hell in Texas fall 05

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'Hell in Texas:' Stories, Songs, and Reports of the Arid Southwest and Great Plains Ken Baake Texas Tech University Department of English

Reports and Folk Stories Offer the Same Message: 

Reports and Folk Stories Offer the Same Message A common folk theme is the crossing over into treacherous terrain and then wanting to return home, even if only after death ('Oh Bury Me Not, on the Lone Prairie'). Arid and Semi-Arid Lands are Nature at its Most Unforgiving. We Have Sinned Against That Nature. We Will Pay for Our Sins, Create Our Own Hell.

A Song with Many Variations, all Warning of Suffering: 

A Song with Many Variations, all Warning of Suffering 'Dakota Land' 'I’ve reached the land of wind and heat Where nothing grows for man to eat The wind it blows with a feverish heat Across the plains so hard to beat' (Traditional song from Brunvand, 167, also known as 'Kansas Land' and nearly all Plains States. The photograph is of a ranch house in South Dakota saved from burial by a wooden fence. Drifting material was primarily a relatively heavy clay, not sand. In: 'Soil Blowing and Dust Storms,' Charles E. Kellogg, Miscellaneous Publication No. 221, U.S. Department of Agriculture. March 1935.)

Old Drought Reports: We Pay for our Sins: 

Old Drought Reports: We Pay for our Sins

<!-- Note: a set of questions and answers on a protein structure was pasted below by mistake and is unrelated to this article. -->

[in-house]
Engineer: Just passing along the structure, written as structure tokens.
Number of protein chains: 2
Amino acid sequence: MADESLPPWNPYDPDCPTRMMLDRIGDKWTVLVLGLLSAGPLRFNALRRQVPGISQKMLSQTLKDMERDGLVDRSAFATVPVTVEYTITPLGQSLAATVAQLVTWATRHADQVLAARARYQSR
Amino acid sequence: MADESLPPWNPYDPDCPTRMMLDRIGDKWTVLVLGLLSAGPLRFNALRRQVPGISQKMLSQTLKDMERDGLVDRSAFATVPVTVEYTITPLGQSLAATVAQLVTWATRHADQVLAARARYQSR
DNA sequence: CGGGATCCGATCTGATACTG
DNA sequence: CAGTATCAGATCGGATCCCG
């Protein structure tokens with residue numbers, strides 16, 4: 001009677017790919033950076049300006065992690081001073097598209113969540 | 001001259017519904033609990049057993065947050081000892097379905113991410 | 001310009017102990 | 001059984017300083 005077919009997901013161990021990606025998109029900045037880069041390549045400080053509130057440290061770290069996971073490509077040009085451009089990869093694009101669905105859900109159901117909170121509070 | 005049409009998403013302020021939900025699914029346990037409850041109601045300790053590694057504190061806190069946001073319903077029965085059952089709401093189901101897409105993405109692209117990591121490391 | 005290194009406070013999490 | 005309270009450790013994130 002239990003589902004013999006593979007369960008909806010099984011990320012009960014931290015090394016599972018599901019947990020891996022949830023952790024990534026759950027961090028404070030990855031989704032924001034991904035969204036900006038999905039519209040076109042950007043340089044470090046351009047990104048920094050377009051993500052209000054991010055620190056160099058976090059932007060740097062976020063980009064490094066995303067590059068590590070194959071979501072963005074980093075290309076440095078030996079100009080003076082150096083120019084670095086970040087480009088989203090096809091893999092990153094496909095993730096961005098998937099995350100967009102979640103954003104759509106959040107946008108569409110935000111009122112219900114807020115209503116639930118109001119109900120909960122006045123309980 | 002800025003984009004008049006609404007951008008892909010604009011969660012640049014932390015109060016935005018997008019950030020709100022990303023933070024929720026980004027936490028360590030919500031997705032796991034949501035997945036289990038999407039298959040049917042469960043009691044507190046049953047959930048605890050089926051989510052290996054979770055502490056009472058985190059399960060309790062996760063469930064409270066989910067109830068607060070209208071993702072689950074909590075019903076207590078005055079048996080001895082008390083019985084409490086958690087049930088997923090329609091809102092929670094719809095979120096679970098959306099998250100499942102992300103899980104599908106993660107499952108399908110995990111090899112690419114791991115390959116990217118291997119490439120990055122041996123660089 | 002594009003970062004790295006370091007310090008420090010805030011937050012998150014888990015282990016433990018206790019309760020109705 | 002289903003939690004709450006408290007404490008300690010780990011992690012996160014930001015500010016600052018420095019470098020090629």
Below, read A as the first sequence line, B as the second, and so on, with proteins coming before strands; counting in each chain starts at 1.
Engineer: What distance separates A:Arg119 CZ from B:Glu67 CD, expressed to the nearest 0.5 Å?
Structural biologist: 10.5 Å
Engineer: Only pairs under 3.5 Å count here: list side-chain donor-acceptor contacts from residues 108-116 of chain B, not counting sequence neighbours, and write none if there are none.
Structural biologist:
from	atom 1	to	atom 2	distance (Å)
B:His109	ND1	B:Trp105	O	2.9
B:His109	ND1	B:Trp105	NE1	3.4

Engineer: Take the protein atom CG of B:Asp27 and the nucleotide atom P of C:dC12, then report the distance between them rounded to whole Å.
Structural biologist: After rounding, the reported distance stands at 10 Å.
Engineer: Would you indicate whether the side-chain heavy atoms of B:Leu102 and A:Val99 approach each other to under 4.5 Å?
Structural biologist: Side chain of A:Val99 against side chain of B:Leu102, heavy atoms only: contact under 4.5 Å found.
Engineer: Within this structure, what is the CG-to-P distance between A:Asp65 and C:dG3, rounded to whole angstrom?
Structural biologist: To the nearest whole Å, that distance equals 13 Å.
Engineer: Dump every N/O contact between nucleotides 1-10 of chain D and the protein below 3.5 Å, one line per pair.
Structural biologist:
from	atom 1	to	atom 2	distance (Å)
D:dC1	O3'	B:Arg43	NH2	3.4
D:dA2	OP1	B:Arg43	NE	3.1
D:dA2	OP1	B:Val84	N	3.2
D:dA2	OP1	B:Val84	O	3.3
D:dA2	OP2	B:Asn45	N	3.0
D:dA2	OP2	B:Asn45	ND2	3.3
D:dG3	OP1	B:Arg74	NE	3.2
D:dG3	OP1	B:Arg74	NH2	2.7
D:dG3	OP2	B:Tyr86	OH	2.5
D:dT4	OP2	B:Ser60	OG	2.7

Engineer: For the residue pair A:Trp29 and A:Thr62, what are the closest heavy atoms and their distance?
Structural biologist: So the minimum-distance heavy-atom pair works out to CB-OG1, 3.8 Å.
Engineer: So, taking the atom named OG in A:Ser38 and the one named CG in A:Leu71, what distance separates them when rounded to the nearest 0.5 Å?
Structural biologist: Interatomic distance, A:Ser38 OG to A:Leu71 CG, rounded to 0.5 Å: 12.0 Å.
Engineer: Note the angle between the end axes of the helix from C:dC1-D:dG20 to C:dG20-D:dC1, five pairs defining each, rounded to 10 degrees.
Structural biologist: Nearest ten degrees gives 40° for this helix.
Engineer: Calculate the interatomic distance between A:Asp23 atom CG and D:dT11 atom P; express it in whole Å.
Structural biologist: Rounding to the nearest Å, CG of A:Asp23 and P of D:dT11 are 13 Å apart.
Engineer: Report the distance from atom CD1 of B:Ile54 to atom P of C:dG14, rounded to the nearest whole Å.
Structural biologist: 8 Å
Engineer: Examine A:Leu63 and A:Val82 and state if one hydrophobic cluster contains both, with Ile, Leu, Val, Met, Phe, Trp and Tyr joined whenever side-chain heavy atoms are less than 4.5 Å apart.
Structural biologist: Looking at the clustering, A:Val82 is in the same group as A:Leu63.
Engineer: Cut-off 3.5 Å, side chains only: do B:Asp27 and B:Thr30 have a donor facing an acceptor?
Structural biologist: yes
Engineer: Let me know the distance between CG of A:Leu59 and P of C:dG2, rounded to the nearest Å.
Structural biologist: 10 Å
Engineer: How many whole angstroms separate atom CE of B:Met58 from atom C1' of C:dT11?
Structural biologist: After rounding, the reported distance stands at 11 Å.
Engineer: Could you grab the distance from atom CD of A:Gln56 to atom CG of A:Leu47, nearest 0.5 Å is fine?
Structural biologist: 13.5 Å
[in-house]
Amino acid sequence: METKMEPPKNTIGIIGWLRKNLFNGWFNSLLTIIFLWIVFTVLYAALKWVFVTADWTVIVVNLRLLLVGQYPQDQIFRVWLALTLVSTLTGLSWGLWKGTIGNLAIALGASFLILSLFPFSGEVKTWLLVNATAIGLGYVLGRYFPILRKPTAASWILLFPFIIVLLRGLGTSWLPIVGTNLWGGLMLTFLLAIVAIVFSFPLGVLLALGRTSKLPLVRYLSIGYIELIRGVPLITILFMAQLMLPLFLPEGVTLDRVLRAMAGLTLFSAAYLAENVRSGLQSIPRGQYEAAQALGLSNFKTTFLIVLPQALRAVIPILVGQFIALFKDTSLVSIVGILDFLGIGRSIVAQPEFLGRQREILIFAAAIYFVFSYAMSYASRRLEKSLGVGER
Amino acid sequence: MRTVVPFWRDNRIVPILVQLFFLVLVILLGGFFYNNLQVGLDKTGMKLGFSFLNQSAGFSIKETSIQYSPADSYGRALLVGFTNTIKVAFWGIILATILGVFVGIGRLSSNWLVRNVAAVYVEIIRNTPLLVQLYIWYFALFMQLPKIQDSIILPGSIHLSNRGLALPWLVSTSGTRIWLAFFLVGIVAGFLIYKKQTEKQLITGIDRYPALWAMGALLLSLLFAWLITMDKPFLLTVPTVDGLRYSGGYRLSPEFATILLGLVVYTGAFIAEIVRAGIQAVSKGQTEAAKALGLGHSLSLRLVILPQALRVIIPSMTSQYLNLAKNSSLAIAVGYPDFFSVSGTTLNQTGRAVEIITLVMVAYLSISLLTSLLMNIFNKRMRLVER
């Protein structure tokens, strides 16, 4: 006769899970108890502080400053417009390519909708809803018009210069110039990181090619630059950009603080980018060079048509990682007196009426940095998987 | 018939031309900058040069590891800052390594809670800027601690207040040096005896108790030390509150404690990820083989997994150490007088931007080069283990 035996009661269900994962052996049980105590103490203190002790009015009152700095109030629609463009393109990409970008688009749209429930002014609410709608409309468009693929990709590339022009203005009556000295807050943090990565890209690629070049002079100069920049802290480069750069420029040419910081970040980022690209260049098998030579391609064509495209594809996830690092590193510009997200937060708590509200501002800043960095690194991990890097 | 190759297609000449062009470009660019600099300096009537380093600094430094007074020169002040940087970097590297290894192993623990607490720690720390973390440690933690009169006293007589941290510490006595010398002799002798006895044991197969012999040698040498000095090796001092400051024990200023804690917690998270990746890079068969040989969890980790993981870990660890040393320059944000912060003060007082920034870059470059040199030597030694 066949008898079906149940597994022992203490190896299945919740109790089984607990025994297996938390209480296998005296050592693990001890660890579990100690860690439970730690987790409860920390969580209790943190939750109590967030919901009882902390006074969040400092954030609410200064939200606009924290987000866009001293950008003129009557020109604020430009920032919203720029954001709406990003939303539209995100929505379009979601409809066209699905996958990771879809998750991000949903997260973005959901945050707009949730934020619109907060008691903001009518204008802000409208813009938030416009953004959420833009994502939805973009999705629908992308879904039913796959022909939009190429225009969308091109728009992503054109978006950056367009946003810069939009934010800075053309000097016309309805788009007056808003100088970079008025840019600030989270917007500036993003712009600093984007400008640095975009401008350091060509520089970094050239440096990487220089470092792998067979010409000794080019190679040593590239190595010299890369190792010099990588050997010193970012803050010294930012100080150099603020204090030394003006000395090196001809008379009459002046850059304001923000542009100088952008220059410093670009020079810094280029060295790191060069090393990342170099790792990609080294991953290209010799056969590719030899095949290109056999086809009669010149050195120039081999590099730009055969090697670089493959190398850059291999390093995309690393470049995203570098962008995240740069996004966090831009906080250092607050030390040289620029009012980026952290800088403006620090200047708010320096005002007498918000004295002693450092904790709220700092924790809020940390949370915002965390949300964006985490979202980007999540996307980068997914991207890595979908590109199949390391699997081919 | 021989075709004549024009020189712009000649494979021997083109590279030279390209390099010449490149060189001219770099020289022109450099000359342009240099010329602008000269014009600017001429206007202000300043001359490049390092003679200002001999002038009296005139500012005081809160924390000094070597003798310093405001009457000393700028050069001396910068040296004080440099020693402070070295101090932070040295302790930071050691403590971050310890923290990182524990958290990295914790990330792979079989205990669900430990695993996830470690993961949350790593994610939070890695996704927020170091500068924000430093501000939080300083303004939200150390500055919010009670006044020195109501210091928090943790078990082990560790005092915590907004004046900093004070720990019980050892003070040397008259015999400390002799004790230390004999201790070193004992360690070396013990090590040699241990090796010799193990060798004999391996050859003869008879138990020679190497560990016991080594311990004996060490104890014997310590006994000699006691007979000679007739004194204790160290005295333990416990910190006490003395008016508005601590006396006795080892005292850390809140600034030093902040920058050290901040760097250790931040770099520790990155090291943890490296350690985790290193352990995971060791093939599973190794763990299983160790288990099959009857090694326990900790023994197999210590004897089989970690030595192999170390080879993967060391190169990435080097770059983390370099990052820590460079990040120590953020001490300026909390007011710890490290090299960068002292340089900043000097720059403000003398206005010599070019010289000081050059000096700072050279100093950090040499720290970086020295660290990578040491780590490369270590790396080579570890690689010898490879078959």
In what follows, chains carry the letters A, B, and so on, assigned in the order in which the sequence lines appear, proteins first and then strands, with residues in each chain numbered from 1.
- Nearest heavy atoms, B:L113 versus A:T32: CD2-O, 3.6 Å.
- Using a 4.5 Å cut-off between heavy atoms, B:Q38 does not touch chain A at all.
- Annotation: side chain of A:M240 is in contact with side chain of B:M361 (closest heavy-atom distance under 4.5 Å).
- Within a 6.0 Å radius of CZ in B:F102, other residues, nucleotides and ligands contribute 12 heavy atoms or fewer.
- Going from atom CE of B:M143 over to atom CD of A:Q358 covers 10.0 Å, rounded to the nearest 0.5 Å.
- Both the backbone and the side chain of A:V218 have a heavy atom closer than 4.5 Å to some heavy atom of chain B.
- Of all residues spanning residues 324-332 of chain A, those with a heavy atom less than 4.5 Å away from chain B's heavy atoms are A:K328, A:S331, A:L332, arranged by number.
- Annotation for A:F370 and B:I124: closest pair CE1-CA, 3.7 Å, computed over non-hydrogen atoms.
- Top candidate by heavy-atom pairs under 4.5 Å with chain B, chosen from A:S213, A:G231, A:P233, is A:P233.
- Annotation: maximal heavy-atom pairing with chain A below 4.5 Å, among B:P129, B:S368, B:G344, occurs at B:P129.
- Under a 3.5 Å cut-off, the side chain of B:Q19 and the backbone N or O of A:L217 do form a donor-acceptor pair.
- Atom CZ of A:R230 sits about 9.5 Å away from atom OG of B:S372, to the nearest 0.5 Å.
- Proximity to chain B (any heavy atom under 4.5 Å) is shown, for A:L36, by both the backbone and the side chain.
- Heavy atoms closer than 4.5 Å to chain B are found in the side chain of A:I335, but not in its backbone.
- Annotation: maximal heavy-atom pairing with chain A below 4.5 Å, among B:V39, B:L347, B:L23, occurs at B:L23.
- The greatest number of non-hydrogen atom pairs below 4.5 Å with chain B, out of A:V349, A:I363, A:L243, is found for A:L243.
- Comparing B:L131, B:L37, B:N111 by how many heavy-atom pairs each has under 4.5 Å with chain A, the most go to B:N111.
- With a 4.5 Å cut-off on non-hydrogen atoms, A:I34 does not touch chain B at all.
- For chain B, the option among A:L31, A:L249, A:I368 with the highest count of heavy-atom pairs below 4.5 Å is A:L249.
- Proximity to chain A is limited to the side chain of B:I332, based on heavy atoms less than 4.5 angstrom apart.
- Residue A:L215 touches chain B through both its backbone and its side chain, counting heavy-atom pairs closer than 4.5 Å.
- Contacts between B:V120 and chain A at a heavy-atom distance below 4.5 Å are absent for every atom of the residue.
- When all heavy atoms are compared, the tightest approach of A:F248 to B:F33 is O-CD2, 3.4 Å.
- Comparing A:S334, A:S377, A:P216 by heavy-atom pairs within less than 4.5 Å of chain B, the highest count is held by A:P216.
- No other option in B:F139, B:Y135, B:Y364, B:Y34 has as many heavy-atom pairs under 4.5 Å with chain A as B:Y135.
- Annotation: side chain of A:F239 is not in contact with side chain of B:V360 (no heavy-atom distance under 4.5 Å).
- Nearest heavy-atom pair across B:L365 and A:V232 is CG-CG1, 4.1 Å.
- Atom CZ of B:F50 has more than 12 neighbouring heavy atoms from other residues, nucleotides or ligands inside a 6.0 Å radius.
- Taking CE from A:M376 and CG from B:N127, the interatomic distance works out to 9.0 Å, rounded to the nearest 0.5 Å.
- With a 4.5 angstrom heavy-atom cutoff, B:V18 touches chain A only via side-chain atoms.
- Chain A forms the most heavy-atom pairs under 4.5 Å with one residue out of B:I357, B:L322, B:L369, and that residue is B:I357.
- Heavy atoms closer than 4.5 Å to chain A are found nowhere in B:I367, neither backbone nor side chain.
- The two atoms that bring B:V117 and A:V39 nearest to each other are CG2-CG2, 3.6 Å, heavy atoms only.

Dust storm approaching Stratford, Texas. Dust bowl surveying in Texas                                                                                                Image ID: theb1365, Historic Candamp;GS Collection Location: Stratford, Texas Photo Date: April 18, 1935 Credit: NOAA George E. Marsh Album

“Hell in Texas”--1909: 

'Hell in Texas'--1909 Oh, the Devil in hell they say he was chained, And there for a thousand years he remained; He neither complained nor did he groan, But decided he'd start up a hell of his own, Where he could torment the souls of men Without being shut in a prison pen; So he asked the Lord if He had any sand Left over from making this great land… This song was said to have been collected by the proprietor of the Buckhorn Saloon in San Antonio in 1909. It was attributed to a Signal Corps worker stationed in Brownsville. Ethno-musicologists John and Alan Lomax collected it for Cowboy Songs and Other Frontier Ballads.

Crossing over to fierce lands: 

Crossing over to fierce lands

The Buffalo Skinners:: 

The Buffalo Skinners: Traditional cowboy song, 1870s, in the Texas town of Jacksboro. Depicted the savage extermination of the buffalo. This song was adapted from earlier versions where hell was the ocean that had to be crossed despite perils. Recalls Coleridge’s Rime Of the Ancient Mariner, where bad luck befalls the sailors after they shoot the albatross. The only salvation is to try to return from hell.


W. T. Hornaday, The Extermination of the American Bison (Washington, D.C: Smithsonian Institution, 1889)

Crossing Pease River …like crossing the River Styx: